1. Present a position and support it with evidence and citation of sources.
2. Work effectively in a group.
Before the lesson, I considered the various reading levels of the students and wanted to select a piece of text that both higher and lower level readers would be able to comprehend.† I also used two examples (two baseball players that were not part of the lesson) to show the students how I wanted them to research the information to support their arguments.† †
There were no specific scoring guidelines.† The class as a group simply listened to the various arguments and discussed, based on the facts presented, who was the greatest baseball player all-time.
As each group presented their research, it was quite evident whether or not the students recognized how to take a position and support it.† As each category was discussed, it was also easy to see if the students worked well as a group because each student was responsible for a category in his or her group.
The students were assigned a particular category and had to report on it when that category was discussed, so the evidence of whether or not the student took a position and supported it and how they worked in their group was easy to recognize.
∑ Put desks in groups of seven or eight
∑ Placed information sheets about the players at each group of desks (Ex. Babe Ruth at one group, Hank Aaron at another).† There was only one sheet on each player.
∑ Assigned students to these groups (four to a group)
∑ Asked the students to explain what happens during a debate
∑ Explained the basics of a debate
∑ Used two baseball players to show the students how they were going to research and use their information.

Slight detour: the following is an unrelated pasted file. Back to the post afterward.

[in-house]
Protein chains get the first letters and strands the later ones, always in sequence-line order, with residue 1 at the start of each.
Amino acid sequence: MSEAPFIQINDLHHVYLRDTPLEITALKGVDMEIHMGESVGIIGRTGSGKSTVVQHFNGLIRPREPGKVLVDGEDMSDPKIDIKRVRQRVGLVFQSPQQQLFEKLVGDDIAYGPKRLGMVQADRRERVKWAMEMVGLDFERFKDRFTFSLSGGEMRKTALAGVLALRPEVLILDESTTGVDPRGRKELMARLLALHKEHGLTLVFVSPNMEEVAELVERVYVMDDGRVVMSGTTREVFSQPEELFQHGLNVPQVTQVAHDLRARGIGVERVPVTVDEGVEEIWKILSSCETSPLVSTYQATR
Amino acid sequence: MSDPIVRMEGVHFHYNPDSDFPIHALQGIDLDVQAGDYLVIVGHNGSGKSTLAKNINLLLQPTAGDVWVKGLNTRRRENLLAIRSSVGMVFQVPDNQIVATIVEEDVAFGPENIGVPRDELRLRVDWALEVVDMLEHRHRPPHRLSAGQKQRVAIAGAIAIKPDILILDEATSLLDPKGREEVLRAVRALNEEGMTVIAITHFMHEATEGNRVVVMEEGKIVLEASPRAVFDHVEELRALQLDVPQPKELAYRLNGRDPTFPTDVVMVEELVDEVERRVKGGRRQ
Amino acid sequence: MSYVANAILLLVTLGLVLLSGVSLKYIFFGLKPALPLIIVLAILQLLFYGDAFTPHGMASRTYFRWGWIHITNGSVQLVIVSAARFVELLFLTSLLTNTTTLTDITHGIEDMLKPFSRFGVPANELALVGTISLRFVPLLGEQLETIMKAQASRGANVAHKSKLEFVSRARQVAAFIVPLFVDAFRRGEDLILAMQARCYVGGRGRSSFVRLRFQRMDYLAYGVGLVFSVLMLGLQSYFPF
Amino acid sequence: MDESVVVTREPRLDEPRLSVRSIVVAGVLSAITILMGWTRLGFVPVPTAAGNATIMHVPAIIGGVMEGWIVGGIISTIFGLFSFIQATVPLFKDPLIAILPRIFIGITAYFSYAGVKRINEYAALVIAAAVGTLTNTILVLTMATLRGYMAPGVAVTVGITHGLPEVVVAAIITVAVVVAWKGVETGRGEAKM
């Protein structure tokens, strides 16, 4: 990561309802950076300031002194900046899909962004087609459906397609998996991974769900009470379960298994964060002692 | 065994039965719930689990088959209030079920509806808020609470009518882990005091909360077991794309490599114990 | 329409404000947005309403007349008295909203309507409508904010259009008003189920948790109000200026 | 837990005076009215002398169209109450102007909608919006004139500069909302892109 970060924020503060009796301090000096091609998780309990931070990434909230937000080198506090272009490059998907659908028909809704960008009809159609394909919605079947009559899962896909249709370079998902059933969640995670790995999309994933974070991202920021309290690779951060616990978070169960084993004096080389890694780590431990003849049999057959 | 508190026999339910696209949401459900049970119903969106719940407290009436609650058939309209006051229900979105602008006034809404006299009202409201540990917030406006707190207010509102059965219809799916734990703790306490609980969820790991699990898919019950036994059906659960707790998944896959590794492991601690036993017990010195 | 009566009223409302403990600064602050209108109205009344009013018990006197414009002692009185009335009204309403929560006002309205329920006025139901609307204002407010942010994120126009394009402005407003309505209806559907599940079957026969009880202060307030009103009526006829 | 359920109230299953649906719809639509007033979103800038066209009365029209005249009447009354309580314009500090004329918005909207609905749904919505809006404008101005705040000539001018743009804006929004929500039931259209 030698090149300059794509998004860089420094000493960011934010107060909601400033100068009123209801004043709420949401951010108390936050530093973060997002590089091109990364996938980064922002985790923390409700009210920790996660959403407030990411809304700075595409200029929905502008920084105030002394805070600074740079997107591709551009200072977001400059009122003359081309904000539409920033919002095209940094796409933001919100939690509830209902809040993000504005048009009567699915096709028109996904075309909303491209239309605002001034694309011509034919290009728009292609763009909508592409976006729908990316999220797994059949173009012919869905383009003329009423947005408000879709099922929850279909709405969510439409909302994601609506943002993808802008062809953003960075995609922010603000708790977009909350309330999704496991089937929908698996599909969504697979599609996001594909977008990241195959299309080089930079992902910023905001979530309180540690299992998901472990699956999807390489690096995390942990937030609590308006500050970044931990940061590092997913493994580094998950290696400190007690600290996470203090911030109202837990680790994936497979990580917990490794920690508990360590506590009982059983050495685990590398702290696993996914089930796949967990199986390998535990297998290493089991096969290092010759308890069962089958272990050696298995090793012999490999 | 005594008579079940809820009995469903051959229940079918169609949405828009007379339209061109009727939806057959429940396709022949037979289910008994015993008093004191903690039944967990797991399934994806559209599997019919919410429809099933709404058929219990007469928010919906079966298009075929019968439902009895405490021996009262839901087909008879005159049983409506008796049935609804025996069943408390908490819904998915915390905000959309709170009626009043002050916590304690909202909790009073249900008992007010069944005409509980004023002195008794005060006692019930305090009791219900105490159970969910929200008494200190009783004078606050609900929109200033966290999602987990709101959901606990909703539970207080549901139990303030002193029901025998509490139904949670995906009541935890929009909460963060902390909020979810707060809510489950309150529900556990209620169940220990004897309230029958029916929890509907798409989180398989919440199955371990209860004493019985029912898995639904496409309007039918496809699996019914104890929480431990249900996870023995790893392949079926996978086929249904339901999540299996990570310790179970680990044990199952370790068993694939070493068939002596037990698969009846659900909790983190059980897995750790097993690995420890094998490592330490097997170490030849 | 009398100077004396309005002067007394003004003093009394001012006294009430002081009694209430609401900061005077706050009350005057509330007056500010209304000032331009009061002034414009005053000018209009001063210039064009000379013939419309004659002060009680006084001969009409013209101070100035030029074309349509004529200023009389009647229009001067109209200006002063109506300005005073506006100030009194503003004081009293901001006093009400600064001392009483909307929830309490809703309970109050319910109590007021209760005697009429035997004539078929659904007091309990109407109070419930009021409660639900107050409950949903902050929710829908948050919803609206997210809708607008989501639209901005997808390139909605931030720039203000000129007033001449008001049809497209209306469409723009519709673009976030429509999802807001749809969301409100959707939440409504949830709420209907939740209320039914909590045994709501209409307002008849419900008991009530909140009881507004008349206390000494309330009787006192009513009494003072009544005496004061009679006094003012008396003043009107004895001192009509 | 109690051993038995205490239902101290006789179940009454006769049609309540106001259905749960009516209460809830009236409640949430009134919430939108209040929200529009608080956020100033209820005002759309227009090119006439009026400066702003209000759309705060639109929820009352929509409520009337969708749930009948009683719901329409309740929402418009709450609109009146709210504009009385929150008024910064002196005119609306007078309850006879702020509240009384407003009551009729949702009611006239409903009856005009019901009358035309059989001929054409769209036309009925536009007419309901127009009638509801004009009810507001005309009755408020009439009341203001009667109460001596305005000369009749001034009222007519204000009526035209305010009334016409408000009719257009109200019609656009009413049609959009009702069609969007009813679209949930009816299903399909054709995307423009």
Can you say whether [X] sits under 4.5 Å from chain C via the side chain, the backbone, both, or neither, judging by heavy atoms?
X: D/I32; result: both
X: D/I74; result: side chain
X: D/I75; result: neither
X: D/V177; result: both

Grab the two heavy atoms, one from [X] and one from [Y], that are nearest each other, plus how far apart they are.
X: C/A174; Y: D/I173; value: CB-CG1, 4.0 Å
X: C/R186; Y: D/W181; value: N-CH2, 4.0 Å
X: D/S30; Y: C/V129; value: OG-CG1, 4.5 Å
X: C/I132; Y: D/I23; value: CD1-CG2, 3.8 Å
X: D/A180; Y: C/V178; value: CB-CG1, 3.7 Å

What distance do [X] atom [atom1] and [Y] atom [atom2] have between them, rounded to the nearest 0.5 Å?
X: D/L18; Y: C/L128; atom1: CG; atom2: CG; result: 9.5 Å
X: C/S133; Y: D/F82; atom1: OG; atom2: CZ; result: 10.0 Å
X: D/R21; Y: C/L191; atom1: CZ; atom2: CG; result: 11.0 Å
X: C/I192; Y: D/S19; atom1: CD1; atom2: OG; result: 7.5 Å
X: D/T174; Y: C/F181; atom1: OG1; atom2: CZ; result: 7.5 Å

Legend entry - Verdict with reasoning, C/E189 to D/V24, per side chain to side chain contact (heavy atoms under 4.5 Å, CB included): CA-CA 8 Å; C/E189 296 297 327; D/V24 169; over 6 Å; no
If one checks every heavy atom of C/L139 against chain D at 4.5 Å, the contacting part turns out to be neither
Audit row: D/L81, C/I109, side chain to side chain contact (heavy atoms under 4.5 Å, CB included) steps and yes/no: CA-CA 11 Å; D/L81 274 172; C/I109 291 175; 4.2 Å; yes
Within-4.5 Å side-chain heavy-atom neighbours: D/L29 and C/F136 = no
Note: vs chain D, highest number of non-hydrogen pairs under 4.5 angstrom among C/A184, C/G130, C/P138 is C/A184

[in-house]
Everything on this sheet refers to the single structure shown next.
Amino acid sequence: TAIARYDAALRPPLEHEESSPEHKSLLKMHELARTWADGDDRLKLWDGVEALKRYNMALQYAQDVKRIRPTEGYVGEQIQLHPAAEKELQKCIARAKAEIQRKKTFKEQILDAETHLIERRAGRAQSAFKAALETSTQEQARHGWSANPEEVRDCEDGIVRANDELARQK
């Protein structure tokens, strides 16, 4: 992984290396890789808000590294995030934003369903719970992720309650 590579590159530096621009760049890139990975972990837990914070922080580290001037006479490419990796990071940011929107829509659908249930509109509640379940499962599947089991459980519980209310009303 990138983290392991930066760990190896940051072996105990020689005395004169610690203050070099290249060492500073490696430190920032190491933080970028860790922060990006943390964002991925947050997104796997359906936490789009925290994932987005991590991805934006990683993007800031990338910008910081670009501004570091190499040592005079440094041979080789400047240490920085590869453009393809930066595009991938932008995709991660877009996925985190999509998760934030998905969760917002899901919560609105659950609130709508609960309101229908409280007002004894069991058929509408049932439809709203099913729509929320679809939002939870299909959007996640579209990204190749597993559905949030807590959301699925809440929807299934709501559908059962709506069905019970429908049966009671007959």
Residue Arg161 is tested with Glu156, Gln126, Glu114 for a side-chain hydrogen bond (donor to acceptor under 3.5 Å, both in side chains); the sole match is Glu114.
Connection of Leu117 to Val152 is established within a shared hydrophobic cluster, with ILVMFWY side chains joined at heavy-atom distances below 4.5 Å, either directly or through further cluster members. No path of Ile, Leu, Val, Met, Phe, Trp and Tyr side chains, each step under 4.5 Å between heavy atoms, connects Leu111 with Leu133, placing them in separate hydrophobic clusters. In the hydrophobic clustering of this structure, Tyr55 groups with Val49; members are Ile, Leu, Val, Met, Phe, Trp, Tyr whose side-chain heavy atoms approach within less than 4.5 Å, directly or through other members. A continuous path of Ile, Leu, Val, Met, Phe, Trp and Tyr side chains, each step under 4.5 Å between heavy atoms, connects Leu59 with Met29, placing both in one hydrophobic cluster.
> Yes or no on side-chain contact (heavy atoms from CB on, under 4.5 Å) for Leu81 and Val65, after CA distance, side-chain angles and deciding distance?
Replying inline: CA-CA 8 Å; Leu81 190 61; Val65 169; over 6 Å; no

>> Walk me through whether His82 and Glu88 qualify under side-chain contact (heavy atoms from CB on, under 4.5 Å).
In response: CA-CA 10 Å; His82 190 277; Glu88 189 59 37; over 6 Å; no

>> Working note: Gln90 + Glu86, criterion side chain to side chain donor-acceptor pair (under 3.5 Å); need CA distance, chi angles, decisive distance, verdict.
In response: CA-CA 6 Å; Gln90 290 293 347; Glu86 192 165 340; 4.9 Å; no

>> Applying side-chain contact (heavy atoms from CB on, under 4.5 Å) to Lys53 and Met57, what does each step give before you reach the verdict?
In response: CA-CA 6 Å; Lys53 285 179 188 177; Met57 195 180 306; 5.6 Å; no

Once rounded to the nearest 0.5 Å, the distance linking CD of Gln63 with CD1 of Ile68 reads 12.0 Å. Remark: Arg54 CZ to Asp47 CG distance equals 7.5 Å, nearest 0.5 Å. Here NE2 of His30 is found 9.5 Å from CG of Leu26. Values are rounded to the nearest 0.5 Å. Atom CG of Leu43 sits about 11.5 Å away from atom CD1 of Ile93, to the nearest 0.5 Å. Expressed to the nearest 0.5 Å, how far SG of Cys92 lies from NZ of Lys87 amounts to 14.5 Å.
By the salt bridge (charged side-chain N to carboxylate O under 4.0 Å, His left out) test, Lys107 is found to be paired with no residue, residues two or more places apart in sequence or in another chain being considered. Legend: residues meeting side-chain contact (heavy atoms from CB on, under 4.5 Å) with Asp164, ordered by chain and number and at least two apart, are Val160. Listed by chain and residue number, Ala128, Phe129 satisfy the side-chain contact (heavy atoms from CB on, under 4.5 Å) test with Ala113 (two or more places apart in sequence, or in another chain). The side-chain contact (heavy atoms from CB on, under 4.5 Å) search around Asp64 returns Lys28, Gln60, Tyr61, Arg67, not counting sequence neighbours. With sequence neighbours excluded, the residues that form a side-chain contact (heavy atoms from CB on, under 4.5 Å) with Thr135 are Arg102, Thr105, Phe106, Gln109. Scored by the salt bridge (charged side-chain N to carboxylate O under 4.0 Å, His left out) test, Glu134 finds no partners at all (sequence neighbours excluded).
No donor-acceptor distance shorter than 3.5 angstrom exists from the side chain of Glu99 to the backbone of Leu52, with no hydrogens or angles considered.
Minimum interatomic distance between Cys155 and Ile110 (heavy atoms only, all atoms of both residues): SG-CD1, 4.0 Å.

∑ Explained how long the students would be at each group station (ten minutes each station)
∑ Told the students that they needed pencil and paper to take from station to station for note-taking† purposes
∑ Students chose who would research a particular category in their group
∑ Explained how the groups would rotate from station to station
∑ Told students that they would keep their notes in their class notebooks (that stay in my class) for the next day
∑ Explained that during the mock-debate that if a student wanted to speak, that he or she must raise his or her hand.
Once I knew that the reading piece was understood by everyone, I could possibly try and choose a material that is closer to the main topic (Ancient Civilizations).† I wanted to make sure that I selected a piece of text that everyone could hopefully grasp.
As a class we talked about how the Presidential elections would be coming up in 2004, and that we could relate our classroom debates to the presidential debates.
We did not have a homework assignment.
This lesson could be used in various subject areas, for example, in writing class the students could write a persuasive paper where they took a position and supported it.
Students could have researched their information and developed their arguments from the Internet.† It might also be neat to set up a situation where one class debated against another class from another school, or the same school.
I did not base my lesson on any particular educational study, but I did try and follow the norms of trying to get all students engaged as active learners so that they would be responsible for their own learning.†
Make sure that the reading material that is selected is
appropriate for the various reading levels of your students.† I think showing them an example of how I
wanted them to research was also very important to their understanding of the
project.† Also, make sure your basic
instructions about the rules of the debate are clearly explained.
∑ Baseball handouts